The Rutan VariEze
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The Rutan VariEze

The Rutan VariEze and LongEze

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            The Rutan VariEze was one of Burt Rutan’s early revolutionary homebuilt designs which stemmed out from years of experience building airplanes. Started out in 1974, the VariEze popularized the canard configuration design and also pioneered the moldless composite construction for homebuilt aircraft. Rutan’s adaptation of a pusher propeller configuration also commemorated the configuration of the first powered flight aircraft with a man aboard as achieved by the Wright flyer with Orville at the controls on the morning of 17 December 1903.

Burt Rutan has another homebuilt aircraft design before, the VariViggen he made as inspired by the Swedish built fighter Saab 37 Viggen. Rutan Aircraft Factory actually sold 600 plan sets for homebuilders for that model but the crash of one type sometime in 2006 actually discouraged the use of that homebuilt design. As for the VariEze, the first flight was made in May 1975 using a Volkswagen engine conversion. At Oskosh in August 1975 it has a debut appearance as it was registered to fly under the 500 kg class distance record of 1,638 miles ( 2,636 km). The VariEze gained further popularity in such aircraft fly-in event allowing Burt to redesign the aircraft so that it could be sold to interested parties in a set of plans the same as the VariViggen.

            The second prototype featured a larger wing and a more powerful Continental O-200 engine which was normally utilized on single engine aircraft. During its second appearance at Oskosh in 1976, Burt was already prepared with the marketing as plans were offered for sale as early as July of that year. Four years later, an estimated 2,000 units of the homebuilt design were under construction and about 300 were up flying by the latter end of that year. Both VariEze and the modified design, the LongEze were constructed more than any other homebuilt design during the period. The Rutan Aircraft Factory ceased the selling of plans in 1985.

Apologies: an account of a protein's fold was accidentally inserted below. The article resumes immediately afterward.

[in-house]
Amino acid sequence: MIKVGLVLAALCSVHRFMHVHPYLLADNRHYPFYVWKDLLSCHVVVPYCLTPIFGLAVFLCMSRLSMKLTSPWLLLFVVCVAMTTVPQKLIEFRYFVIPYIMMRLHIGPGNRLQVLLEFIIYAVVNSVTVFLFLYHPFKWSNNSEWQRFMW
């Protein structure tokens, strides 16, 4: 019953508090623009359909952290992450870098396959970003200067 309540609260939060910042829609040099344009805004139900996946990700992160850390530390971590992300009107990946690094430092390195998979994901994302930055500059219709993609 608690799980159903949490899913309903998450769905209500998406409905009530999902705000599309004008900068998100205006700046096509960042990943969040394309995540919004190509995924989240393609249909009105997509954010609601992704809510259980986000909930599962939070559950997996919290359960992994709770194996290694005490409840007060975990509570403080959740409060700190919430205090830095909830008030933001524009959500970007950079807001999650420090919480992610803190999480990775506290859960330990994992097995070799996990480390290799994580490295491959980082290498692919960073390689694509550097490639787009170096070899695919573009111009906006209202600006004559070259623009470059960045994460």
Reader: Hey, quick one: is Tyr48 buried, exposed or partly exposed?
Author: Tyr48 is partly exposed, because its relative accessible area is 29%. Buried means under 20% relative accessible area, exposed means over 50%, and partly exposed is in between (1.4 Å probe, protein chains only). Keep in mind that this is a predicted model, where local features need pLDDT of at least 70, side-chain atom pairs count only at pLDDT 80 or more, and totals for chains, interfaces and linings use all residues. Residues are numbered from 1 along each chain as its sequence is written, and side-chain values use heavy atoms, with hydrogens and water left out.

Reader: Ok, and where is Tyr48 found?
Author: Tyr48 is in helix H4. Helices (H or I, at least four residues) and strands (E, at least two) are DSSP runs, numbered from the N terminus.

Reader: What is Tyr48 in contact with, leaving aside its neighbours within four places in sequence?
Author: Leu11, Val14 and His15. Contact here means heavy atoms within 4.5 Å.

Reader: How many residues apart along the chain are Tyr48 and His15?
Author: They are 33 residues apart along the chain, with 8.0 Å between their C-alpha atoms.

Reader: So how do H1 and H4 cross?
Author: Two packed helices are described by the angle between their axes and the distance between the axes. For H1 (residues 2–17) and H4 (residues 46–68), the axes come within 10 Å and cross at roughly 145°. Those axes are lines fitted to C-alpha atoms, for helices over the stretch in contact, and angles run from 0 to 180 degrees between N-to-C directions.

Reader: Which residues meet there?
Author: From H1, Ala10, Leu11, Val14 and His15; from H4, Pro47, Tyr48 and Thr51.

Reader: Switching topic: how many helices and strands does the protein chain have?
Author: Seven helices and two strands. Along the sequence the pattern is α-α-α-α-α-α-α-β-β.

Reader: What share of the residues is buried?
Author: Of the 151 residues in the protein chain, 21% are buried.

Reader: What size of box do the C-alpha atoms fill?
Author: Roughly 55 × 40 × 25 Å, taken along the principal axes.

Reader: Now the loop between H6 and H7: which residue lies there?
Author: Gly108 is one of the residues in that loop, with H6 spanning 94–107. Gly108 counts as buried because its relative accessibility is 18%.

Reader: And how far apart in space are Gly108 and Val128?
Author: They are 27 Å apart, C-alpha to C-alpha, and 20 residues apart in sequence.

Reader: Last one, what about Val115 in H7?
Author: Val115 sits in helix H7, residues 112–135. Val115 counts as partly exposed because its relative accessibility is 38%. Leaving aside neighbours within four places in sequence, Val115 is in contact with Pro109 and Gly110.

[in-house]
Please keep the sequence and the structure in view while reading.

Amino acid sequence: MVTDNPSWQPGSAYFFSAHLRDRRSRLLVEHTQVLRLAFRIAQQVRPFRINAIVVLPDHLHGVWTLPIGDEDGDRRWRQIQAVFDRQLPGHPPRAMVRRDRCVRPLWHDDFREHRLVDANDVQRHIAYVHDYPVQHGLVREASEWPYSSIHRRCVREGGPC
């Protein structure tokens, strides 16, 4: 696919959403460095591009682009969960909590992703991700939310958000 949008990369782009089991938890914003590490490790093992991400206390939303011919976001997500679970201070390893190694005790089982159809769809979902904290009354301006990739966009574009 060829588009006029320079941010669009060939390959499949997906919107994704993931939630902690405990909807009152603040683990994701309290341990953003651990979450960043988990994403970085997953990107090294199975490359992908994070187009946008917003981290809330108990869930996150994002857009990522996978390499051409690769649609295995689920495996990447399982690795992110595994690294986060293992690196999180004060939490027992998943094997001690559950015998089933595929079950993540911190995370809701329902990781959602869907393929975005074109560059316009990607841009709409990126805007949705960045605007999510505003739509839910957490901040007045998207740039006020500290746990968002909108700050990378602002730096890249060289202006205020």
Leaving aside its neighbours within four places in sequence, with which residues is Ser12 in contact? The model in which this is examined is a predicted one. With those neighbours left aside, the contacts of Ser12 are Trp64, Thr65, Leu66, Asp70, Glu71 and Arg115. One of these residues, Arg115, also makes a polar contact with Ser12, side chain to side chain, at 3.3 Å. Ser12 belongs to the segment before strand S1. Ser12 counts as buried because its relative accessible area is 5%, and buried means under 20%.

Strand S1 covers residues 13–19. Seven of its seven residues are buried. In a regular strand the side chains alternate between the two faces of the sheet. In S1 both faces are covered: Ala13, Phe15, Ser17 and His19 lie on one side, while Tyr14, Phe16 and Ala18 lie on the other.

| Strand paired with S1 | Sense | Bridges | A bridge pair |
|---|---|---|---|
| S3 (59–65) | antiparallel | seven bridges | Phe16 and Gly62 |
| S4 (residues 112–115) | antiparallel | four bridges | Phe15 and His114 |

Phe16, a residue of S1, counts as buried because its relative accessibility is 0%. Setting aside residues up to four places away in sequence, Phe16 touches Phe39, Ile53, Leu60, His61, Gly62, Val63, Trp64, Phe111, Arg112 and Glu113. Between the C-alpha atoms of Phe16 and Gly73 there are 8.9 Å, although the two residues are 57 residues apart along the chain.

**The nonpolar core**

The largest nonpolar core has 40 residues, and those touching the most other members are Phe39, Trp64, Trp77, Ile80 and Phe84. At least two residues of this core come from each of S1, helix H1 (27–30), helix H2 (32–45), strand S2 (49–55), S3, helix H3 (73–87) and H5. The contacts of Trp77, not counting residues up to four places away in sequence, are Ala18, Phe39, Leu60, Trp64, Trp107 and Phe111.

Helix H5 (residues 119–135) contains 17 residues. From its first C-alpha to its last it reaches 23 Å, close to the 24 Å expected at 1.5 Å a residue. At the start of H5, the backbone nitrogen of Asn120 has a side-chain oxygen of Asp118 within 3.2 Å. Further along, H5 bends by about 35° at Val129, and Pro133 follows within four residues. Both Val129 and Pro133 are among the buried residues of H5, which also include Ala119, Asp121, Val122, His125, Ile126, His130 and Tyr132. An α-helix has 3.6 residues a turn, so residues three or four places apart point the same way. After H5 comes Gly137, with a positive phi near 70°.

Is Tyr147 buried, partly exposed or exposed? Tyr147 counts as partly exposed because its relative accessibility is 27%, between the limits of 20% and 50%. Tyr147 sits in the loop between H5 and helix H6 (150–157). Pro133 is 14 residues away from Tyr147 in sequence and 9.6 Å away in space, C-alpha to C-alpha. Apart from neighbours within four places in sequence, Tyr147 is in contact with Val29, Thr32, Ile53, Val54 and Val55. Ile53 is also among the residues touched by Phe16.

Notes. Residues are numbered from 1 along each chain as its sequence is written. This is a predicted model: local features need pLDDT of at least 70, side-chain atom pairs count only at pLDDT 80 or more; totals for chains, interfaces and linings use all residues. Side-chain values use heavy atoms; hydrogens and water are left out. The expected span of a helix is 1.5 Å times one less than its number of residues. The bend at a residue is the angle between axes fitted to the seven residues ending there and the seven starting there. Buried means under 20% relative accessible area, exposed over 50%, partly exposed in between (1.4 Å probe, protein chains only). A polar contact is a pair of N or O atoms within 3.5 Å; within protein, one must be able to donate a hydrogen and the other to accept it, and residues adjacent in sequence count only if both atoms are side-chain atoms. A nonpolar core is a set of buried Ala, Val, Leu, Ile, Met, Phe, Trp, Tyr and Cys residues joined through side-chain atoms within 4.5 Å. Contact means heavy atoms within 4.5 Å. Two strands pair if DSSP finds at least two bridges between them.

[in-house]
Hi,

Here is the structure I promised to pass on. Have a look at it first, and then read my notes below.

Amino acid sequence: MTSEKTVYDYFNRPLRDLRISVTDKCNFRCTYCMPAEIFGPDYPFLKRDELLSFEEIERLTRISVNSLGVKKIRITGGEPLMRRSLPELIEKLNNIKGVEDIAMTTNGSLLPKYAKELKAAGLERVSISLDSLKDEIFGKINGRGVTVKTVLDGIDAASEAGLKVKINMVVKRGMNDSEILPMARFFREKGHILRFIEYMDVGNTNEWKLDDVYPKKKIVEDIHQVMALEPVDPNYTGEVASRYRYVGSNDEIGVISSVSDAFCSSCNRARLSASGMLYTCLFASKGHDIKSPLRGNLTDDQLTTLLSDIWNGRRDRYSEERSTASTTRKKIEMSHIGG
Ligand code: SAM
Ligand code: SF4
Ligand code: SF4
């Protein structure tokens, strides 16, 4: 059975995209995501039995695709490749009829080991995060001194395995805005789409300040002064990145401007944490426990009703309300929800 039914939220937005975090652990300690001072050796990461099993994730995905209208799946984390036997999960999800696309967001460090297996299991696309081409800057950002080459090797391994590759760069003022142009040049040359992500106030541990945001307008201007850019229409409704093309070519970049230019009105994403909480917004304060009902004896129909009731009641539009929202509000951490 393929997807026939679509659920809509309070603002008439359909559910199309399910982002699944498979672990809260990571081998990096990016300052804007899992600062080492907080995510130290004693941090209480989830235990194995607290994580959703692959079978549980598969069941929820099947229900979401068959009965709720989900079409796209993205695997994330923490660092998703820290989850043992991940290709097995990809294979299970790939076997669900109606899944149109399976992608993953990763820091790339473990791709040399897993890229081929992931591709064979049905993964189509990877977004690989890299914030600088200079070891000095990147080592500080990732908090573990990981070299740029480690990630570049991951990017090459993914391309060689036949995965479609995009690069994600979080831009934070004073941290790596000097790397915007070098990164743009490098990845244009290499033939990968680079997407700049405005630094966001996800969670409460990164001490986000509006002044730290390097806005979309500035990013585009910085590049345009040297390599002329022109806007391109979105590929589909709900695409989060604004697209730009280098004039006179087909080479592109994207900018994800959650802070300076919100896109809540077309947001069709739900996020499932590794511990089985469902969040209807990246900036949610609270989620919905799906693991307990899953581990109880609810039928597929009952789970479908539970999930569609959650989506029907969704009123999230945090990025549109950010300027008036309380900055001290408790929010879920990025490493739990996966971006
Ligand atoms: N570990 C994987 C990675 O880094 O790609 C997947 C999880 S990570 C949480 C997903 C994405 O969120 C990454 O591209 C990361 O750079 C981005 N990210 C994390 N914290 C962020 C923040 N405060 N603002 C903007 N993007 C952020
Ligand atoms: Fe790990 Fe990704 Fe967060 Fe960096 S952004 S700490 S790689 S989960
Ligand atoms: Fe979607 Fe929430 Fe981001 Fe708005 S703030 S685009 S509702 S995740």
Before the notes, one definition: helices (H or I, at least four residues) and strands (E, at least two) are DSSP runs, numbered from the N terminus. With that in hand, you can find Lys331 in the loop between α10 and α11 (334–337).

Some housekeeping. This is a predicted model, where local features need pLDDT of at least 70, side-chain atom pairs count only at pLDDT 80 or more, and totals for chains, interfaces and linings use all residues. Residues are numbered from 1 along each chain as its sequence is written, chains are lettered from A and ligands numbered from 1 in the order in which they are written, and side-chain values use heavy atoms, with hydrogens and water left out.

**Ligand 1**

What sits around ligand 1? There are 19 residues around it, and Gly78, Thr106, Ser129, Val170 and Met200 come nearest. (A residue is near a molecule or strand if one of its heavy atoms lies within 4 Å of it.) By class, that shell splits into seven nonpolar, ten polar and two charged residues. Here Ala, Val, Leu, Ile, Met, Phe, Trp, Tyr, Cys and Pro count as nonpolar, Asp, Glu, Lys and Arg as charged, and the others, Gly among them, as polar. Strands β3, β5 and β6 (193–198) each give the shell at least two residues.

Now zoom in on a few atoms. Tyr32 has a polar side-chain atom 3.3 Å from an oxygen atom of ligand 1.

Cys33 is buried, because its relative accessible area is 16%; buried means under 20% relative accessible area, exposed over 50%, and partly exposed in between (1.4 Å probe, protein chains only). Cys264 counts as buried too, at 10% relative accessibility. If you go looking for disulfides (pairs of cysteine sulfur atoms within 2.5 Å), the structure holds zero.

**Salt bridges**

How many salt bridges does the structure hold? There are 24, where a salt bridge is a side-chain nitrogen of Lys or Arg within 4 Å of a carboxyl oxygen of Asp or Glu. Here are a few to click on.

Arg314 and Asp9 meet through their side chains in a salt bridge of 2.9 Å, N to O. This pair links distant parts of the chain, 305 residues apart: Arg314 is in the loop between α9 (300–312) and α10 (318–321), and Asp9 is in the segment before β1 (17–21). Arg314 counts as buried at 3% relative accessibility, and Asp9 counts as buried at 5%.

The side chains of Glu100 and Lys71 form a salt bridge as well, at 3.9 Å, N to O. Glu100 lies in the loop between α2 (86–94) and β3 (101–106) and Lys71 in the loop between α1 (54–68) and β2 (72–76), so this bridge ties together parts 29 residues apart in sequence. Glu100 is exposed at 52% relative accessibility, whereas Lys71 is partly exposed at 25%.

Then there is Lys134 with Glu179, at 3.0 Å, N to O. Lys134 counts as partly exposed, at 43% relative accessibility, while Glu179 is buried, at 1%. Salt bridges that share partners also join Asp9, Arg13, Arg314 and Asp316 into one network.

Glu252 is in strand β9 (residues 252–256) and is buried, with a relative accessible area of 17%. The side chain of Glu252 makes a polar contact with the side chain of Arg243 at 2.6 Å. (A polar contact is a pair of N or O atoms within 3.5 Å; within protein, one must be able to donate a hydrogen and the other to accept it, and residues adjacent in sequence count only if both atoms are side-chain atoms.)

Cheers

A pair of LongEzes on a flight demo

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            The VariEze achieved what Burt Rutan had envisioned for a homebuilt aircraft of that time, a spin resistant design platform made possible by the utilization of canards. The pusher configuration also enhanced the design’s capability to achieve efficient, long range cruise. As for the aircraft’s landing gears, the nose gear was configured to retract while on parking considering it has the tendency to tip over its back (except when the pilot is aboard the cockpit) thus endangering damage to the propeller. This explains why most VariEze and LongEzes were seen with noses kissing the ground on static displays or while on parking at the ramp. As of the record based on the NTSB database from 1976 to 2005, out of 130 total accidents 46 of which were fatal had been accounted (including John Denver’s death on this particular type, a LongEze back in October 1997) from about 800 flying types where 691 were still registered by 2005. 

The LongEze, same type which figured folk/country singer John Denver on a fatal crash back in 1997

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• Fuel capacity: 25 U.S. gal (95 L).

• Typical empty weight: 700 lb (320 kg).

• Cruise speed: 160 kt (181 mph, 291 km/h) at 5.1 U.S. gal/h (19.3 L/h).

• Range (at cruise speed): 575 nautical miles (650 statute miles, 1065 km).

• Max. Speed (level flight): 185 kt (210 mph, 340 km/h).

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Comments (5)

i wish i could fly an airplane job kabayan

How I wish i could fly with you Will. Ace write again men! Thumbs up!

What a great discussion. It's amazing it was homemade.

Another fantastic article in your area of expertise. Sounds and looks like a fund plane to fly although I had not realized John Denver had died in one of these planes. Great stuff Will. Sorry I'm out of votes for today but will buzz this up and tweet!!

The second proto-type definitely looks really cool in formation with the other. Small aircrafts, but effective and pretty unique looking. I'm not too sure I would hop aboard, but I know of your passions for flight and aircrafts. Pretty interesting planes, for sure Will.